Once the need for a particular information system becomes apparent, it is necessary to purchase it. This is typically accomplished as part of an already-existing firm-wide information systems architecture. When it comes to purchasing information systems, you have two options: purchase them or build them from scratch. Due to the developed state of the information technology sector today, businesses are more likely to purchase information systems and services from IT firms. The majority of their work involves modifying and integrating programs to meet their employer’s requirements and developing the organization’s overall system architecture. Smaller mobile applications are almost never developed in-house. In some instances, the individuals who use these programs may also be their creators.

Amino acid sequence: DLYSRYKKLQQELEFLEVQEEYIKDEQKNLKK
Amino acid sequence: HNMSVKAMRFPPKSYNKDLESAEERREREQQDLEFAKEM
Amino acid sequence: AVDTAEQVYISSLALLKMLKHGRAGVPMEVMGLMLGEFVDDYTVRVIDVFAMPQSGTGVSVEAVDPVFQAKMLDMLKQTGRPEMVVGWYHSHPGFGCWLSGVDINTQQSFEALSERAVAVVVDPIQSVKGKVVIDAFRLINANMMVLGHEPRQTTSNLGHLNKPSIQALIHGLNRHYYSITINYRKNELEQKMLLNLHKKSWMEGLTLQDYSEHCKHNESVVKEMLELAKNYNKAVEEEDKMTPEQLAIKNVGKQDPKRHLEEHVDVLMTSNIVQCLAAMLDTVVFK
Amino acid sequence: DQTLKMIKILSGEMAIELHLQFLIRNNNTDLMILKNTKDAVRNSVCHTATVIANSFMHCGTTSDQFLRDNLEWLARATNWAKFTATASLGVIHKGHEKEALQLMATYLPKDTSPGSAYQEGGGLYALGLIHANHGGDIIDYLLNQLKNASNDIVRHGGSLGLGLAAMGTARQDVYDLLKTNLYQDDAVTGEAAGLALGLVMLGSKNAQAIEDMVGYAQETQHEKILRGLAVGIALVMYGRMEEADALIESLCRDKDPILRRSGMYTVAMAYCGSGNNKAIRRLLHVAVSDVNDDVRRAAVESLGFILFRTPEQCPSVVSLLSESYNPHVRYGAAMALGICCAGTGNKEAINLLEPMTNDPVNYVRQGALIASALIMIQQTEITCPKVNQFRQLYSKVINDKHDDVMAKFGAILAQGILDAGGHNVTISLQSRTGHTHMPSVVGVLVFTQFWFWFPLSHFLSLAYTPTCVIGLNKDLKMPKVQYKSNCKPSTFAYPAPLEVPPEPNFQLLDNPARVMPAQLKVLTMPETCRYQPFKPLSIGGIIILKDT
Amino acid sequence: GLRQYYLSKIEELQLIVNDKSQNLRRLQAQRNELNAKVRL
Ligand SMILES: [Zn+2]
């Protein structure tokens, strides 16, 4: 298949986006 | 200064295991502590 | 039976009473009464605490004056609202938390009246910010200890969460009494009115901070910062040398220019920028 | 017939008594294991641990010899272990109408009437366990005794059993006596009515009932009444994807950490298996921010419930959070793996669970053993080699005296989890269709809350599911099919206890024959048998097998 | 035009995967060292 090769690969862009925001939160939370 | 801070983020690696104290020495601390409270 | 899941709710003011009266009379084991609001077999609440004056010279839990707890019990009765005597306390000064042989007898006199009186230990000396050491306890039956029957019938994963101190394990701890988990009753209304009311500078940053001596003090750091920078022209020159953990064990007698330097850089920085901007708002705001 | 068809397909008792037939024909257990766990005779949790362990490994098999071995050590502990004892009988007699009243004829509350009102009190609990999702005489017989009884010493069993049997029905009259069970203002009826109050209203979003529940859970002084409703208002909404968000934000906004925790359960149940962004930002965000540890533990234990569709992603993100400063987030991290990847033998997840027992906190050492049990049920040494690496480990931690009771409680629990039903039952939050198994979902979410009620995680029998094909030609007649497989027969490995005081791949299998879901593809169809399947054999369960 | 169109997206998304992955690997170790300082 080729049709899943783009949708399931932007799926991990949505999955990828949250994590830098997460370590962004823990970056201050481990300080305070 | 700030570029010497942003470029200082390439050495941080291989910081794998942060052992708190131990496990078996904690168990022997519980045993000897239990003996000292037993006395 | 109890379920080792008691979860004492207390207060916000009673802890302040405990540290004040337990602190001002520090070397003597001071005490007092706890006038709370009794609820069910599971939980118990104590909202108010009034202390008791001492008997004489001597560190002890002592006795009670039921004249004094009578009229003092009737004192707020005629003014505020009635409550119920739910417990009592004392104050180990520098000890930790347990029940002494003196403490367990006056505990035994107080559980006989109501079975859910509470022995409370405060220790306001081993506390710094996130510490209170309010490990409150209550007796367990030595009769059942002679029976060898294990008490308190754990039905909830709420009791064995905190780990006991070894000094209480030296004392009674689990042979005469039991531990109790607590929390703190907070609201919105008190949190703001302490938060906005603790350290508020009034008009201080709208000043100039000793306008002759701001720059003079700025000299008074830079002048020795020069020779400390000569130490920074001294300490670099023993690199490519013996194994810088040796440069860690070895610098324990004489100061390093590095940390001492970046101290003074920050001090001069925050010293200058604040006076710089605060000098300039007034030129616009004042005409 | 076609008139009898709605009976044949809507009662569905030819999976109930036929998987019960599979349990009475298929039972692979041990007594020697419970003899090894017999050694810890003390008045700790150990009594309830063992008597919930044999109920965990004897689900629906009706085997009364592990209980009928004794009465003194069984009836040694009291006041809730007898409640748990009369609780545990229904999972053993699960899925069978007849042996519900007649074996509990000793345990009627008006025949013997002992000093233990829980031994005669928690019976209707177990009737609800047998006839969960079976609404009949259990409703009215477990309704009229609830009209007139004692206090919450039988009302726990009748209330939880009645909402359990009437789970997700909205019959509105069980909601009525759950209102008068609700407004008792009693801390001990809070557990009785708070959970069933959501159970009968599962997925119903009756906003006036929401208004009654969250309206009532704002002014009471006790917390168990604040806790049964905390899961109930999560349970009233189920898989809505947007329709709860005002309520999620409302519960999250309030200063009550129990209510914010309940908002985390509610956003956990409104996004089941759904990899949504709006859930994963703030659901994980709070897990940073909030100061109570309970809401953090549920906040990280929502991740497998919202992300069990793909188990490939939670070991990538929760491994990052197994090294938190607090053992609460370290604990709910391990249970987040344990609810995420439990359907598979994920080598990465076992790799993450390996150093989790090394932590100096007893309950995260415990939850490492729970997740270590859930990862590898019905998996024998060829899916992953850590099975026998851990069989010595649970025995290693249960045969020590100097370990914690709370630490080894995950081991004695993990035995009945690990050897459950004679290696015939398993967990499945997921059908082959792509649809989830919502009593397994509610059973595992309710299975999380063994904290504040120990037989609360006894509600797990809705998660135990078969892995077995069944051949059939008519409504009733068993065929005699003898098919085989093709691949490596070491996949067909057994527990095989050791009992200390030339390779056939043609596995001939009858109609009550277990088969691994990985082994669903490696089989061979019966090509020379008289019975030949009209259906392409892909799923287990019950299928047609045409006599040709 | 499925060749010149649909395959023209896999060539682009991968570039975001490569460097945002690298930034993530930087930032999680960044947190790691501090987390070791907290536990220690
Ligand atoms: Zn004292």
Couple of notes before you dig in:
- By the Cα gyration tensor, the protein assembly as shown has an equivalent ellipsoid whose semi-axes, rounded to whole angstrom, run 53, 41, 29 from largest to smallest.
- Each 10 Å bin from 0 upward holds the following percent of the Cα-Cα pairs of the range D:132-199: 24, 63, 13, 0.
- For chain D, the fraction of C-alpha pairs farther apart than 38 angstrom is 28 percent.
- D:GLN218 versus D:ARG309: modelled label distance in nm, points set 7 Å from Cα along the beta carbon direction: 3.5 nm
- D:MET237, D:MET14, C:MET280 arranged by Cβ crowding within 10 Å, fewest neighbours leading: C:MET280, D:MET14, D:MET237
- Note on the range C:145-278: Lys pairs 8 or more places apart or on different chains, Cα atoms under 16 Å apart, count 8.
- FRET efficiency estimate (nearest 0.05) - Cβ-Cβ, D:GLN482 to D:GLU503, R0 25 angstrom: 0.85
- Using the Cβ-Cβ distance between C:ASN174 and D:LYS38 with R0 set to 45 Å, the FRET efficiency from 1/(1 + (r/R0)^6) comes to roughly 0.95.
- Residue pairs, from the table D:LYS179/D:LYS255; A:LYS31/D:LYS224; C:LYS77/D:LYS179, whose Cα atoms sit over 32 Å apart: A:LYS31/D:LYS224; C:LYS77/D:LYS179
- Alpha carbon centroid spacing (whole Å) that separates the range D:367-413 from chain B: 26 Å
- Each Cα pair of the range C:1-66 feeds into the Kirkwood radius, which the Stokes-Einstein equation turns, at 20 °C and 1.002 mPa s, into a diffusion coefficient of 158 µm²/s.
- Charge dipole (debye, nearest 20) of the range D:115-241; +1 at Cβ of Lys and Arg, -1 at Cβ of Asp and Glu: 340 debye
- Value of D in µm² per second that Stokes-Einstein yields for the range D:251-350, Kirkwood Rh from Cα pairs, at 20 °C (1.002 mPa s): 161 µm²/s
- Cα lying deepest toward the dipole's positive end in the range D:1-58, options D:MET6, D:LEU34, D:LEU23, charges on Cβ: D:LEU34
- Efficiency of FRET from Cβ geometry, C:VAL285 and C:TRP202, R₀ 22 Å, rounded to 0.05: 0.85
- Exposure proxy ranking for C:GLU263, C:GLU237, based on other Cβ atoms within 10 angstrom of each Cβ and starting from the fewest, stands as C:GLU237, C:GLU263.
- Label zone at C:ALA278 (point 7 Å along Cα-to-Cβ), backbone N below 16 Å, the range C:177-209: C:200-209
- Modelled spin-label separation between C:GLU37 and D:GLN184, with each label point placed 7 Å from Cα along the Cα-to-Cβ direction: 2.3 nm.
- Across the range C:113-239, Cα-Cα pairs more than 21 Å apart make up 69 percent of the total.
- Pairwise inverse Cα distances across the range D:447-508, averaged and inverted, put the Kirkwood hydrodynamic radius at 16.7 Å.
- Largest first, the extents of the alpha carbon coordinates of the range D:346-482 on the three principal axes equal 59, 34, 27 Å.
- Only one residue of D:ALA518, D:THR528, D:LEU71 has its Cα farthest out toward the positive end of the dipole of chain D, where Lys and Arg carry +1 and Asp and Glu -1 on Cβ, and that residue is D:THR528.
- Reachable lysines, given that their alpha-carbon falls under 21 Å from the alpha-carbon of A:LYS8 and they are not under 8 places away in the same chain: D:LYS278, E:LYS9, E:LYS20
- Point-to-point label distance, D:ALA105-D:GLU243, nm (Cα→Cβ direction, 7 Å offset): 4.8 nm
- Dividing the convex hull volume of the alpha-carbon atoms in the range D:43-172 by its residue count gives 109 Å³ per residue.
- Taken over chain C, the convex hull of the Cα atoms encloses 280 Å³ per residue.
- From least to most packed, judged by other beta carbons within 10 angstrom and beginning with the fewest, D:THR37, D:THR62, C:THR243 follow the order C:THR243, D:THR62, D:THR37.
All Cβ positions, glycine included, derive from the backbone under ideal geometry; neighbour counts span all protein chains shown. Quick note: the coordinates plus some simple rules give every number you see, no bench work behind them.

The use of information technologies simplifies the process of assisting businesses in completing critical tasks. These systems facilitate individual and group decision making, product and process development, interactions with consumers, suppliers, and business partners, as well as the pursuit of competitive advantage (Wagner, Herrmann & Thiede, 2017, 88). They may assist the business model in certain circumstances, though this is not always the case (e.g., Google). Businesses can now compete and collaborate in novel ways, as well as design their workspaces in novel ways, thanks to information technology. Individuals and businesses can save significant amounts of money by communicating and cooperating more effectively via Web-based information systems in supply chains or organizational webs.